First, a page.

People want to know where their food comes from, yet they don’t seem to care about the origins of their clothing. Brendan Synnott and Pact Organic Clothing are out to change that.
The small “basics” brand — they boast “socks with soul” and “altruistic underwear”— offers products made with 100 percent organic cotton sourced from fair trade factories powered by the wind.
“We’re the basics brand for the changed generation,” Synnott said. “Any consumer that votes with their dollar, wants authenticity, transparency and better-for-you products, we represent that within the basics category.”
The goal is to bring transparency into the outdoor industry via avenues similar to those in the organic food industry, where Synnott’s career took its first upward turn. (Perhaps you’ve heard of Bear Naked Granola or Evol Burritos — both were Synnott’s brainchildren.) He credits the food category for making words like “organic,” fair trade” and “sustainable energy” part of our everyday vernacular and for laying the foundation for these movements to take place in other industries. “Now that people are buying organic milk and fair trade chocolate and fair trade coffee, those concepts have matured in the consumers’ general consciousness,” he said.
Why the focus on socks and panties? For one thing, people have an intimate relationship with these consistent products. “Everyday, all day, people are wearing basics,” Synnott said.
Basics are also resistant to seasonal changes and the whims of fashion, allowing Pact to select a single supplier and thoroughly investigate its supply chain. In addition, the packaging around socks and underwear gives the brand a platform to tell its story, and in turn, connect with the consumer.
From an environmental perspective, Pact’s focus on cotton addresses a string of supply chain issues. While cotton is a universally loved fabric thanks to its natural, breathable and odor-resistant qualities, when cotton isn’t organic, it causes significant harm to the environment. Ten percent of the world’s agricultural chemicals and 25 percent of the world’s insecticides are sprayed on cotton, Synnott noted. He also points to the tragic correlation between cotton farming and farmer suicides in India. “It’s not only an environmental problem, but a community problem. Conventional cotton exploits people and the planet in a big way,” he said. “Everybody loves cotton, but there’s a real supply chain issue.”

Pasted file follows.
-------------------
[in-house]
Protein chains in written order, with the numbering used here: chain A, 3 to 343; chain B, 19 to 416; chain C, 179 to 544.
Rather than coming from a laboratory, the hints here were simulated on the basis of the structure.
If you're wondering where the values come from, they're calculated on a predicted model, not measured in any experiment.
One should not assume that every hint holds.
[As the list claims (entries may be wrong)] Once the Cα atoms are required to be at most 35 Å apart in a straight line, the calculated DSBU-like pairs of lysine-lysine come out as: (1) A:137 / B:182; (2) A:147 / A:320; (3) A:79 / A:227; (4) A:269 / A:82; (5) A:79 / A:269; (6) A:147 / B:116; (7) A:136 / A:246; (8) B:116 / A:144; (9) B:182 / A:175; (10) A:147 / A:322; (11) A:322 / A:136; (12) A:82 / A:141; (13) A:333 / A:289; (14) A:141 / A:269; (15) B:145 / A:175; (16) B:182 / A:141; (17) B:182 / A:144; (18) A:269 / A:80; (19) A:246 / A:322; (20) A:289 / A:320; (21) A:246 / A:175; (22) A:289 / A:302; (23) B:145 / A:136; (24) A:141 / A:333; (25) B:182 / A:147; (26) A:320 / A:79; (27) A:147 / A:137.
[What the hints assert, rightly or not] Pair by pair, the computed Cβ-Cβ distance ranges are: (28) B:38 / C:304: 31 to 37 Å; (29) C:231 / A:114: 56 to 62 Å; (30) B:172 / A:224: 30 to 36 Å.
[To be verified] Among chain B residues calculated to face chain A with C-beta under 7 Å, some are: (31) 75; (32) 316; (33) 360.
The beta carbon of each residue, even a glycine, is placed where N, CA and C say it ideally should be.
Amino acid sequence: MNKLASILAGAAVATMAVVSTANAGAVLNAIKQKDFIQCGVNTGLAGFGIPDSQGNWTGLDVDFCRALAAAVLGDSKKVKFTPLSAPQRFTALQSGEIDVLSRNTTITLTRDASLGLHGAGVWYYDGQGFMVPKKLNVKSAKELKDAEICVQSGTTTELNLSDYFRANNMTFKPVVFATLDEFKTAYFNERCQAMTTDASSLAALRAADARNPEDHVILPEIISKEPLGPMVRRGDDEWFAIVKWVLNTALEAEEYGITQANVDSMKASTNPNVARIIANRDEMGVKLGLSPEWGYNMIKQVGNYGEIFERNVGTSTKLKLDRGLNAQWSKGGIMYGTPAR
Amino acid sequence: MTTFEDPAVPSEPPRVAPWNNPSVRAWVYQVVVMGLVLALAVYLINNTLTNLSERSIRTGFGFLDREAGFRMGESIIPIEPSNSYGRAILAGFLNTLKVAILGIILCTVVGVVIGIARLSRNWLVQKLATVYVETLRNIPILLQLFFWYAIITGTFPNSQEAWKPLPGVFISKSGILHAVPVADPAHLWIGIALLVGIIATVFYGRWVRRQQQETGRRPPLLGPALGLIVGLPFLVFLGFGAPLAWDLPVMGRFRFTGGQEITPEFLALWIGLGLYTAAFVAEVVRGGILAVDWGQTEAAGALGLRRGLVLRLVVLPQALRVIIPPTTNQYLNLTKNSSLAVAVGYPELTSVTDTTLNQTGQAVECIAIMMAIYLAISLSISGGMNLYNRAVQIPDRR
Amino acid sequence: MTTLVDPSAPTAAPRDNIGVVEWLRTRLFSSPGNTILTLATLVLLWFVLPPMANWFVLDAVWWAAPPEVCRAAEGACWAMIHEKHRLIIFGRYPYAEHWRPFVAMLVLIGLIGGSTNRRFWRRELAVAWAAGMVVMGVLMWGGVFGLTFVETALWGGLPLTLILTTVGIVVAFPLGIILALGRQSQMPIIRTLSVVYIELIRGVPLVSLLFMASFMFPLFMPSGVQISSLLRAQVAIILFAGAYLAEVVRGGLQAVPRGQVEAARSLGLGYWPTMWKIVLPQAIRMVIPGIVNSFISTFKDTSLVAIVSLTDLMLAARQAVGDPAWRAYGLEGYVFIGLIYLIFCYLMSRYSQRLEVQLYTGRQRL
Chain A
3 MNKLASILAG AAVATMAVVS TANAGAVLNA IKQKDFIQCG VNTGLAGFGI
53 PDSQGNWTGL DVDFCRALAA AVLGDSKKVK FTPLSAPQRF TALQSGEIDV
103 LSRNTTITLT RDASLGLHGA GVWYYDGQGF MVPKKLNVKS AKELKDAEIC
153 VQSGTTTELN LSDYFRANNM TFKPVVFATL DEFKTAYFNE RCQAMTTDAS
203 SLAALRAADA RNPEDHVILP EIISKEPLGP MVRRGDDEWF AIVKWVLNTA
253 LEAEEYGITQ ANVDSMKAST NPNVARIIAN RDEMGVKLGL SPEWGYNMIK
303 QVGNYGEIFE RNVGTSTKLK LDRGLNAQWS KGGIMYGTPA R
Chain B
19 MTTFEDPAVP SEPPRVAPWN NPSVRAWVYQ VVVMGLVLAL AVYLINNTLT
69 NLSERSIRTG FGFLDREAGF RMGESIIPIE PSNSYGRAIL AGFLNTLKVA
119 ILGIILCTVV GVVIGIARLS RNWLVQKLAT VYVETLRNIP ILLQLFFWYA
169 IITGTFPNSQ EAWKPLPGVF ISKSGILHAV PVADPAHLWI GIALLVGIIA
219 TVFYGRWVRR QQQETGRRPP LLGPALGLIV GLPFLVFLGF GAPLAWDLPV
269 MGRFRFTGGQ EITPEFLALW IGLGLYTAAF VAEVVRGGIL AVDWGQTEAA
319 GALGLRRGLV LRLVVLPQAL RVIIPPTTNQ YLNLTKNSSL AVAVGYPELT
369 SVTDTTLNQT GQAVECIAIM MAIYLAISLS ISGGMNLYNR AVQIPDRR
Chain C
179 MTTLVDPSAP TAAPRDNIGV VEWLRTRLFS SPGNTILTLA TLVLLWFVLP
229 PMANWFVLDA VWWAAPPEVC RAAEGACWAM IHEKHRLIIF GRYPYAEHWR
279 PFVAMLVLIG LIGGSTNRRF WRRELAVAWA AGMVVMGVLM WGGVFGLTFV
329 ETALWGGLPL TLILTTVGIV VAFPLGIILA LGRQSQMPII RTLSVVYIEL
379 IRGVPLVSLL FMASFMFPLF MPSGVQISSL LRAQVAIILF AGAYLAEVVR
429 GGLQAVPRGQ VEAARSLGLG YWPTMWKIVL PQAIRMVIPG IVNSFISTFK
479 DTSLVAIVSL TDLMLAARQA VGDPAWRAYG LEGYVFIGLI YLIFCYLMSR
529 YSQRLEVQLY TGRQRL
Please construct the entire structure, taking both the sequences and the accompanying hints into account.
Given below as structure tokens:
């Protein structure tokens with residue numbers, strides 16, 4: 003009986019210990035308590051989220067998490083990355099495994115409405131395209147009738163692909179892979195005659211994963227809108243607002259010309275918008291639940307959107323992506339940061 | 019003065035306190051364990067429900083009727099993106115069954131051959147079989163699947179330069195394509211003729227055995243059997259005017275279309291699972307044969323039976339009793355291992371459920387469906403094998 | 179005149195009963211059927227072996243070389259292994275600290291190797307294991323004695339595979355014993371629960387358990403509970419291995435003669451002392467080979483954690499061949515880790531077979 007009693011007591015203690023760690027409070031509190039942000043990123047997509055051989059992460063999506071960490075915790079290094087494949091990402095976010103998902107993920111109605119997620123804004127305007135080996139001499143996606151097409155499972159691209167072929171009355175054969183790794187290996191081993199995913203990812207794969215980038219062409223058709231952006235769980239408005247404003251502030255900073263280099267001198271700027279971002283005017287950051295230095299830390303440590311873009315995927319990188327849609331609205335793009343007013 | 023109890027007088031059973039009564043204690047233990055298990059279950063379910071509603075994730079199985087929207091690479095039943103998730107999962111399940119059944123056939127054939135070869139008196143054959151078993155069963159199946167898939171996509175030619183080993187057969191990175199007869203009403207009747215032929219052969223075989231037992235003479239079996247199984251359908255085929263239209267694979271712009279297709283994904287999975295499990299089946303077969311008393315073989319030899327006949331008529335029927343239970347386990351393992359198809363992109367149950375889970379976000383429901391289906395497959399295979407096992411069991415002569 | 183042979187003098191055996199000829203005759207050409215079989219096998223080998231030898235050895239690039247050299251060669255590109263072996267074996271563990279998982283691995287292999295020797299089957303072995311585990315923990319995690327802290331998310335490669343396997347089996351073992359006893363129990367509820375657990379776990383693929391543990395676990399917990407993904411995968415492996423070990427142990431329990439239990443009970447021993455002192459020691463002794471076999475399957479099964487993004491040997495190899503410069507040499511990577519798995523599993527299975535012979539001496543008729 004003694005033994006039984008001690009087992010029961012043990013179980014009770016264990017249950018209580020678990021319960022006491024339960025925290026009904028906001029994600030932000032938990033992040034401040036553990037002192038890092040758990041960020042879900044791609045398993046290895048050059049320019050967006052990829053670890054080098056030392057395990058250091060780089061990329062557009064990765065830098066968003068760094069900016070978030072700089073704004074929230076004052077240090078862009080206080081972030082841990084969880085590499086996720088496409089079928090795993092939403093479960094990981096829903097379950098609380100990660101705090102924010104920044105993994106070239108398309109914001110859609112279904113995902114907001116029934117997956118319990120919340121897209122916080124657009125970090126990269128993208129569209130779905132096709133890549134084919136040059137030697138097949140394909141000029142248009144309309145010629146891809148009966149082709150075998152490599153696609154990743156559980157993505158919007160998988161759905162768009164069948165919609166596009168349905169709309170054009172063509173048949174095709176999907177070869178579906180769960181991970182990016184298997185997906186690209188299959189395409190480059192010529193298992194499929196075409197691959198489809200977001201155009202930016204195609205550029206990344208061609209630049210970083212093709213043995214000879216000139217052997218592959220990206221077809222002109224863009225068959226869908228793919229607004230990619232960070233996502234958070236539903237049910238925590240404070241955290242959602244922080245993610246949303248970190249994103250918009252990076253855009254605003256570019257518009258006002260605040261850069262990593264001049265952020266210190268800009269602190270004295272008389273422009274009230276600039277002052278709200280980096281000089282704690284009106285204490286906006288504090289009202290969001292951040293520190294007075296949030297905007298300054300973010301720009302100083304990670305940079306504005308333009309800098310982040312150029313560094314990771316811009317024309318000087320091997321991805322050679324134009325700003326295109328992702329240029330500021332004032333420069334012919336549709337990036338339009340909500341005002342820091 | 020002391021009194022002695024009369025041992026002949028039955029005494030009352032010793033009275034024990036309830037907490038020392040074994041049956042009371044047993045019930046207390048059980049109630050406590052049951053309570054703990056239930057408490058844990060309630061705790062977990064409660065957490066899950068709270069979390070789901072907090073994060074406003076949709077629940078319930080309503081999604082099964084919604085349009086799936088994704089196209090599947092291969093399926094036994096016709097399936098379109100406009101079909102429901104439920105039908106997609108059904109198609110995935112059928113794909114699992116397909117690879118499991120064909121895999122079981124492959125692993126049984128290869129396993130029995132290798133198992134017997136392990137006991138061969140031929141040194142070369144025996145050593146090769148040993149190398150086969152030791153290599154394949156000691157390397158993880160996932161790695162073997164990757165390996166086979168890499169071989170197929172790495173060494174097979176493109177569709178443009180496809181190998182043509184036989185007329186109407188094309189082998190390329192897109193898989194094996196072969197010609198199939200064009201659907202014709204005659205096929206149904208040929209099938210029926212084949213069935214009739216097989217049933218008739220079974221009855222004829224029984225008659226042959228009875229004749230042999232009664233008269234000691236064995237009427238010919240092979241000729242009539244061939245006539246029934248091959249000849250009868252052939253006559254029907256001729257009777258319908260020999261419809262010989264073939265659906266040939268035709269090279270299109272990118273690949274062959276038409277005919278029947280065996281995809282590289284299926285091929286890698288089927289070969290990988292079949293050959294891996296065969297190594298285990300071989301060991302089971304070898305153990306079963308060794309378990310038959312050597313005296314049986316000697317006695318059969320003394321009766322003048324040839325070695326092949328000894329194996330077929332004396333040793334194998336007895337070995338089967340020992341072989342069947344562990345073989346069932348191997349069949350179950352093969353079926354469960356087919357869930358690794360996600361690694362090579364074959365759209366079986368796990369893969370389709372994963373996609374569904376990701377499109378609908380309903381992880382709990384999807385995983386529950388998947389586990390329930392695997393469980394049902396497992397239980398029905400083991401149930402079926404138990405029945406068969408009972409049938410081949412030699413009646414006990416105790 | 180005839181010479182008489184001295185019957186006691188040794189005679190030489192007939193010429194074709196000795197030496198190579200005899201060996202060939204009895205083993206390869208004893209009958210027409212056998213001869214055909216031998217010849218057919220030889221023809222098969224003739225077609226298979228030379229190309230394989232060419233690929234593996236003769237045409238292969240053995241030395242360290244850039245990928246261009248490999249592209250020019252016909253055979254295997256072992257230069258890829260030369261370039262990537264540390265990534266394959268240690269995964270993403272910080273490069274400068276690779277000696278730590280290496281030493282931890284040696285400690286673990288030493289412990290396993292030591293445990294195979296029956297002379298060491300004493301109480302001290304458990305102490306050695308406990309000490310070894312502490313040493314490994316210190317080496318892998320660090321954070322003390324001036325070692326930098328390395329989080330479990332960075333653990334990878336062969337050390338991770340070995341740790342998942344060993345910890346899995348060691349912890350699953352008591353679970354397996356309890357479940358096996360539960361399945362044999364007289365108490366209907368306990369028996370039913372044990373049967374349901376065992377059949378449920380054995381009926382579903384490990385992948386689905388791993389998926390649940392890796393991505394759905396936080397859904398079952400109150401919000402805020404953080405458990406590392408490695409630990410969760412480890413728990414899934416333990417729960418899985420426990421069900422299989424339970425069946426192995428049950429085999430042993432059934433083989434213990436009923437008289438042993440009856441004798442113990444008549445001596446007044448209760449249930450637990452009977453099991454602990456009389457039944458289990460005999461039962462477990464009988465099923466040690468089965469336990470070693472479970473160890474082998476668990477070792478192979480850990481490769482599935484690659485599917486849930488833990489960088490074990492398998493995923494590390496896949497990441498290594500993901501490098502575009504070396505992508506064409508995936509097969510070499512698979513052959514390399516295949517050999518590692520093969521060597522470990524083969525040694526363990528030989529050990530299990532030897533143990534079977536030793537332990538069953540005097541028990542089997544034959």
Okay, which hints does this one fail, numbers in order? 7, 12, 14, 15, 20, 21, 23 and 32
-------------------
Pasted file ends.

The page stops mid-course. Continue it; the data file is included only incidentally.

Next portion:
Pact’s push into the outdoor industry was “obvious,” Synnott said, given the environmental awareness of consumers in the space. The movement comes after the brand’s great success in Whole Foods branches across the country.
Not that the road has been entirely easy. “Building a supply chain with values is really hard,” Synnott said. He noted the difficulty of sourcing organic cotton and finding a fair trade factory open to transparency in every capacity.
Another issue: Outdoor consumers’ general aversion to cotton. “Cotton is a bad word in the outdoor industry, which boggles my mind,” Synnott said, pointing to cotton’s natural nature. “Everybody that walks into the outdoor store owns a ton of cotton already, they’re just going to other places to buy it. So to offer branded cotton basics in an outdoor retailer takes people a second.”
Pact will rely on the retailer to help consumers make the connection between responsible sourcing and their cotton basics. It’s a challenge he believes specialty retailers in particular are up for. “It’s the job of small retailers to offer something unique, something that connects to their consumer base. Those independents can partner with you to tell your story, and I think we have something unique for them,” Synnott said.
He also pointed out the shared values, noting that consumers who shop at small retailers are likely to be the same ones buying natural, organic and fair trade products. “[They’re] making these choices in other parts of [their] life, whether buying Seventh Generation baby products or organic milk or fair trade coffee. We’re going to offer you the basics with a similar ethos to what you believe in,” Synnott said.